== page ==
Avoid degrading ecosystems that have high carbon stocks or biodiversity value, and restore those that have already been degraded.
Prepared by Wayne Walker and Richard Birdsey
The carbon stored in high-carbon ecosystems may take decades to centuries to replace if the stocks are lost. Avoiding the fragmentation or degradation of these ecosystems can result in an immediate reduction in emissions and can help protect biodiversity. When possible, restore degraded land to native vegetation and biodiversity while increasing carbon stocks to levels consistent with the potential of the site.
High value and high carbon ecosystems
Plants naturally remove carbon dioxide from the atmosphere through the process of photosynthesis, converting CO2 to carbon that is then stored in the biomass of leaves, branches, stems, roots, and soil. The carbon stored in the biomass and soils of high-carbon ecosystems can be lost quickly and take decades to centuries to replace. Because high-carbon ecosystems are relatively rare, they may also have great value for biodiversity. For example, mangrove ecosystems store some of the highest amounts of carbon on earth, and are critical habitats for many different marine and freshwater species (Sanderman et al. 2018). Biodiversity helps sustain ecosystem services by supporting the health and resilience of ecosystems, enabling them to resist or quickly recover from disturbances (Seddon et al. 2021). Both protecting high-carbon ecosystems from degradation or conversion to another land use, and restoring those that have been degraded, can avoid emissions of stored C or increased removal of CO2 from the atmosphere
Older forests with high carbon stocks can continue to remove CO2 from the atmosphere for many decades or centuries depending on species, geography, climate, and natural disturbances (Curtis and Gough 2018). It has also been shown that rates of carbon accumulation in most tree species increase continuously with tree size (Stephenson et al. 2012) such that the largest 1% of trees globally store half of the aboveground biomass (Lutz et al. 2018). Avoiding the fragmentation or degradation of existing tracts of primary forest, and protecting the largest trees where they occur outside of primary forest, should be prioritized when implementing NCS strategies.
Terrestrial wetlands cover about 71 million hectares in the U.S. About half is forest, and 23% is peatland which contains very high carbon stocks (Kolka et al. 2018). Besides storing large amounts of carbon above- and below-ground, terrestrial wetlands are significant carbon sinks of about 55 million metric tons per year. The main threats to terrestrial wetlands have been vegetation removal, surface hardening, and drainage (U.S. EPA 2016). Despite U.S. policies to avoid wetland conversion, losses to development and other competing land uses still occur.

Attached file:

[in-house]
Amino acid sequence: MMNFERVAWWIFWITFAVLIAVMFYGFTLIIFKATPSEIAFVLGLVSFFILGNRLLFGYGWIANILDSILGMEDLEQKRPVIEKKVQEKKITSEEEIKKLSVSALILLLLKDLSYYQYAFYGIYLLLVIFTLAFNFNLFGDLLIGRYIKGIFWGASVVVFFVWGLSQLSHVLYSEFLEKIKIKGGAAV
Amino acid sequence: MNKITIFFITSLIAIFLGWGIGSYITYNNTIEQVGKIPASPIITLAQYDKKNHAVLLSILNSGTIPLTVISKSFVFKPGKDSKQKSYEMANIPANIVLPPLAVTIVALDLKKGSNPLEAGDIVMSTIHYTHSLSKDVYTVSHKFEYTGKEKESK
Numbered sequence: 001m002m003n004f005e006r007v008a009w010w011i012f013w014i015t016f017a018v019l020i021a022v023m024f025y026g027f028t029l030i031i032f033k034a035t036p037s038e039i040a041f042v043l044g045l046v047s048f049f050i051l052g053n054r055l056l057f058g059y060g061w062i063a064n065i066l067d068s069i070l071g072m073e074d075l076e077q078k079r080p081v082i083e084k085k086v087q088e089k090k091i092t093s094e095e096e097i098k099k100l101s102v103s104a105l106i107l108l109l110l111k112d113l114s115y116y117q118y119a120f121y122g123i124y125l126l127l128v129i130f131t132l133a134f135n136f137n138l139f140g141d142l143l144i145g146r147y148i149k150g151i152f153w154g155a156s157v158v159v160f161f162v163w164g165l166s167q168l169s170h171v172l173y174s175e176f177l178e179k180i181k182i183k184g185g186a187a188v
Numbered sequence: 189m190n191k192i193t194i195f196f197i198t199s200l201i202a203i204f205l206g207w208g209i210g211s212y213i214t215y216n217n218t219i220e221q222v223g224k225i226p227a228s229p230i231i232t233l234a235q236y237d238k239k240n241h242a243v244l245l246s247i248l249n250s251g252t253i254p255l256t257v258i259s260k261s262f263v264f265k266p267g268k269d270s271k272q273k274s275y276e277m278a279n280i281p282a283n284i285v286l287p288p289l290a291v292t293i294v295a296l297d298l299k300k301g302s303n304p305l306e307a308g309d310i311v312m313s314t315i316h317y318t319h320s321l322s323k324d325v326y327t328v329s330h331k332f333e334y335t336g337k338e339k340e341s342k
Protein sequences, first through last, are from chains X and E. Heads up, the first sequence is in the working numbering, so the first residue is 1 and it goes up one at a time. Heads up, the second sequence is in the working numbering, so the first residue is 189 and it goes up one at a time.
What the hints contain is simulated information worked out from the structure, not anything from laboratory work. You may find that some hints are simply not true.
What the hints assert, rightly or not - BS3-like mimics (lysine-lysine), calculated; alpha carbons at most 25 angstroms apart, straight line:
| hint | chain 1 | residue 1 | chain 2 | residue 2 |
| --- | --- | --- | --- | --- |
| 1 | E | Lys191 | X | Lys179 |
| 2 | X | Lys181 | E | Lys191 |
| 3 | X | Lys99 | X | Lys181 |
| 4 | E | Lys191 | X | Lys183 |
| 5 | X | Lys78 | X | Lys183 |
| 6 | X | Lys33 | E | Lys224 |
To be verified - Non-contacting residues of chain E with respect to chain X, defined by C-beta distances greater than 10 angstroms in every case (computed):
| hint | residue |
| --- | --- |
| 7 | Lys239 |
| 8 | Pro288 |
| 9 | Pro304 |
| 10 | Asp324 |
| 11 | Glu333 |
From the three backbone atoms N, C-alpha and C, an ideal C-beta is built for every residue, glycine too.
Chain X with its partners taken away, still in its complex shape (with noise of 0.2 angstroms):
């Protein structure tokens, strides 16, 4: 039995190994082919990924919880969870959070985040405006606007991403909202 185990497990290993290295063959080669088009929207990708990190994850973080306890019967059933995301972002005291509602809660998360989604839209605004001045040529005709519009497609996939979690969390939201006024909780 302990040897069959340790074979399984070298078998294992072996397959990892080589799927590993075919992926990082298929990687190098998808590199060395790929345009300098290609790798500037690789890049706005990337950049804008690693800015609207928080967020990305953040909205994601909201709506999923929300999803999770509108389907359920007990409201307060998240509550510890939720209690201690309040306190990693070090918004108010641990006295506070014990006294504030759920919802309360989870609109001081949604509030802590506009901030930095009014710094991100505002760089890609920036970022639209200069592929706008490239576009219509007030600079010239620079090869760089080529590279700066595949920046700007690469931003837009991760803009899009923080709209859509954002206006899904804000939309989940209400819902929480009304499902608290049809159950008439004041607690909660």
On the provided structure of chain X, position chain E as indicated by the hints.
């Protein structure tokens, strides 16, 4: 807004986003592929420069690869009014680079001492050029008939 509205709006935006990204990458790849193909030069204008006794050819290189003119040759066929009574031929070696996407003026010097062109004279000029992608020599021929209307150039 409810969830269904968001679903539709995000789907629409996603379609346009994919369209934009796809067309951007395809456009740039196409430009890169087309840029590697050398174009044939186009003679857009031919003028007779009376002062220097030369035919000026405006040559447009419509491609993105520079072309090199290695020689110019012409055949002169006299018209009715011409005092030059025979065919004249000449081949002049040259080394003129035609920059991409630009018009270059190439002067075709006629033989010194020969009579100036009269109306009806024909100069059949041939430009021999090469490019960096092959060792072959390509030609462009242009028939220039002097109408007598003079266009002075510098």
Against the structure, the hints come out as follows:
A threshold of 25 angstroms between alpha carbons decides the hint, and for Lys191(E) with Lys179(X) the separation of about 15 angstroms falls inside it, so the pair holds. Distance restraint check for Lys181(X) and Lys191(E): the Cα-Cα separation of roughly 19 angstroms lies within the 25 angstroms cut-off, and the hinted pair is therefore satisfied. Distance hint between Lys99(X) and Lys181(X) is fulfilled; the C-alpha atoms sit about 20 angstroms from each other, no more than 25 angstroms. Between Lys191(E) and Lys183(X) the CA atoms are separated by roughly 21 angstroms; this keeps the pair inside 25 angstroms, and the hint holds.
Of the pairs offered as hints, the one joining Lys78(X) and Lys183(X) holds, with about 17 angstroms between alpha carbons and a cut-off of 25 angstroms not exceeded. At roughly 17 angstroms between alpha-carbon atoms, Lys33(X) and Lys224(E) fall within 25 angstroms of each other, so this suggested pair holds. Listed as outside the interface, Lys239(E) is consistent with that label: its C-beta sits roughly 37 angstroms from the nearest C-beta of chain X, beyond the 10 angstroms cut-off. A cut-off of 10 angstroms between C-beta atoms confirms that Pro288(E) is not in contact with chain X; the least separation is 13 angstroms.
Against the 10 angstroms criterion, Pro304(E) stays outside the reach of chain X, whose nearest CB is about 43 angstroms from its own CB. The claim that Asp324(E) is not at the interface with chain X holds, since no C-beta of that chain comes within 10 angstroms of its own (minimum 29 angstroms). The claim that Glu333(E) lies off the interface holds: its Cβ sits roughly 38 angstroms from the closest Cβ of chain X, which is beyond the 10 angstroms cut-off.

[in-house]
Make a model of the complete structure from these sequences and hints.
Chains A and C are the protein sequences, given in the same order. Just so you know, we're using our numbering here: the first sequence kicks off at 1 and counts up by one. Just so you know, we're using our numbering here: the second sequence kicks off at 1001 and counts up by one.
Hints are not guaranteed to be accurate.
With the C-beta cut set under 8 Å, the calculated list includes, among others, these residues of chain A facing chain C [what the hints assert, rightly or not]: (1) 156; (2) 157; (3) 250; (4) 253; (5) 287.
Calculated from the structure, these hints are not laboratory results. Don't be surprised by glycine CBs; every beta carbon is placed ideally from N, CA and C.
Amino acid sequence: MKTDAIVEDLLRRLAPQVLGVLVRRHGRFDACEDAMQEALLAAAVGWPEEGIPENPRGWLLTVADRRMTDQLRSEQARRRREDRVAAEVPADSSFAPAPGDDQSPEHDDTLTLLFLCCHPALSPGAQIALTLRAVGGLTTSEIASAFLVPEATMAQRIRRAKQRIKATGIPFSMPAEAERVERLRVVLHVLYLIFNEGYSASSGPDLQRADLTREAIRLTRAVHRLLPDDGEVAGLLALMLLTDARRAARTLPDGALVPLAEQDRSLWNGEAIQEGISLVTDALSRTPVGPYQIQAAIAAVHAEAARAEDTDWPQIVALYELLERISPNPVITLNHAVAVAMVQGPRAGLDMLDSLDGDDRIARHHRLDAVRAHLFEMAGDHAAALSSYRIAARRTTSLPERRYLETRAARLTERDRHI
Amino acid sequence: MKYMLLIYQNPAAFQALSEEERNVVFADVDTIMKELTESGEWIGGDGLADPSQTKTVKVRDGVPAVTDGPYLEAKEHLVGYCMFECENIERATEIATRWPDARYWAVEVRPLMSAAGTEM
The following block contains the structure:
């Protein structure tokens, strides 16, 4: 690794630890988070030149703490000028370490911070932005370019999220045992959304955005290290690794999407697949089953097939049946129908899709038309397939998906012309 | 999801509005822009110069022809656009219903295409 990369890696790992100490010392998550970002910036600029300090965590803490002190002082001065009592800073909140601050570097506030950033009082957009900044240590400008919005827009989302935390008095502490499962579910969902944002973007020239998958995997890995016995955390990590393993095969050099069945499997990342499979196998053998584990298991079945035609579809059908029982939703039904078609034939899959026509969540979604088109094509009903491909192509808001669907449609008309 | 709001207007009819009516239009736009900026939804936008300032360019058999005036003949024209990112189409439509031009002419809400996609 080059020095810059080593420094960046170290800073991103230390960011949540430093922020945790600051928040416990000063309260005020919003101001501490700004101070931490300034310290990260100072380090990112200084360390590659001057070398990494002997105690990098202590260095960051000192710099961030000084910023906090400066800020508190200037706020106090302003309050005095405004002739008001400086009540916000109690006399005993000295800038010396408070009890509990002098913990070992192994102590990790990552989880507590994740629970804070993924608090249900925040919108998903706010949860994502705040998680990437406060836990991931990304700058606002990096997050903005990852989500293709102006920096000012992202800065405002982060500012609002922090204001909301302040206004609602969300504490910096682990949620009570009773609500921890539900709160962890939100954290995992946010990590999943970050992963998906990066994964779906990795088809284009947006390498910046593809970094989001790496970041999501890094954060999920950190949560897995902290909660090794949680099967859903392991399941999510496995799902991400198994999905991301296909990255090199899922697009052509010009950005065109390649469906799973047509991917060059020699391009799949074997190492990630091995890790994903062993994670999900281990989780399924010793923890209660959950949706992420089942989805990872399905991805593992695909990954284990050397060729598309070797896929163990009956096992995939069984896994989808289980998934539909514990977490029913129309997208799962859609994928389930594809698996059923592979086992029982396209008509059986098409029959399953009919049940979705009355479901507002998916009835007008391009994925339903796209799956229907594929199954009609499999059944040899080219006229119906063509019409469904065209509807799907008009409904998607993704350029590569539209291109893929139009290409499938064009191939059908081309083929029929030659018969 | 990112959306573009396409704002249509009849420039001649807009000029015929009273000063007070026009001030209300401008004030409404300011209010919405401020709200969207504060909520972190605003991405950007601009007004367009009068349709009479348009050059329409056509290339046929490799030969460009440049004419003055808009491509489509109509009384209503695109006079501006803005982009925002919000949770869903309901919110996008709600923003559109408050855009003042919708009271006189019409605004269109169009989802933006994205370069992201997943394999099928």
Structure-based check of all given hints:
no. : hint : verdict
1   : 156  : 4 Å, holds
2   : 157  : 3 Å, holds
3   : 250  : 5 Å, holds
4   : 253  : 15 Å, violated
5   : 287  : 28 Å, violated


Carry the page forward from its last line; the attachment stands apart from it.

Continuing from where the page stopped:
Tidal wetlands and estuaries constitute additional areas with high carbon density. These areas are extremely active ecosystems since they receive large quantities of soil and organic matter from the land, some of which is stored and some is exported to the coastal ocean (Windham-Meyers et al. 2018). Tidal wetlands in particular are among the strongest long-term carbon sinks per unit area because carbon accumulates continuously in sediments (Chmura et al., 2003). Tidal wetlands (including mangroves) and estuaries are threatened by rising sea levels, chemical runoff from the land, and disturbances such as hurricanes and development.
Arctic and boreal ecosystems store large quantities of carbon in soils that is vulnerable to release to the atmosphere from warming temperatures and increases in natural disturbances such as wildfire and insect outbreaks (Schuur et al. 2018). This is especially true in the frozen soils (permafrost), which store twice as much carbon as is found in the atmosphere (Zimov et al. 2006). The circumpolar permafrost zone is particularly vulnerable to warming temperatures that can thaw perennially frozen ground and cause the release of stored carbon as carbon dioxide and methane (Romanovsky et al. 2016). Wildfire is of particular concern and degraded boreal forests may be more vulnerable to severe impacts. The human influence is increasing in some areas, and near communities, more intensive land management may be needed to reduce the risk of wildfire or to suppress fires that ignite (Breen et al. 2016).
How the principle may be applied to primary forests
Primary forest is often defined as any naturally regenerating forest of native species characterized by relatively modest levels of human disturbance, and may include intact, old-growth, and ecologically mature forest (Mackey et al. 2020). In many parts of the world, ‘primary’ forest is synonymous with ‘high carbon’ forest, i.e., a relatively long-lived and largely undisturbed forest that has been accumulating and storing carbon for long periods of time. Compared to well-known forest-based NCS approaches such as reforestation (replacing forest on deforested land) and afforestation (planting new forest), which both depend on the availability of land and the survival of small trees, restoring and maintaining existing forests with long-established carbon storage and the sequestration capacity of the larger, older trees growing within them can have an immediate and large effect by avoiding emissions from biomass and soils. Avoiding logging of primary forest, which can take decades to centuries to replace, is not only a more immediate and cost-effective approach to achieving forest-based negative emissions (Houghton and Nassikas, 2017), but it also serves to maximize associated co-benefits, including biodiversity enhancement, improved resistance to natural disturbances and resilience after events, improved air and water quality, flood and erosion control, and human health and well-being (Moomaw et al. 2019).
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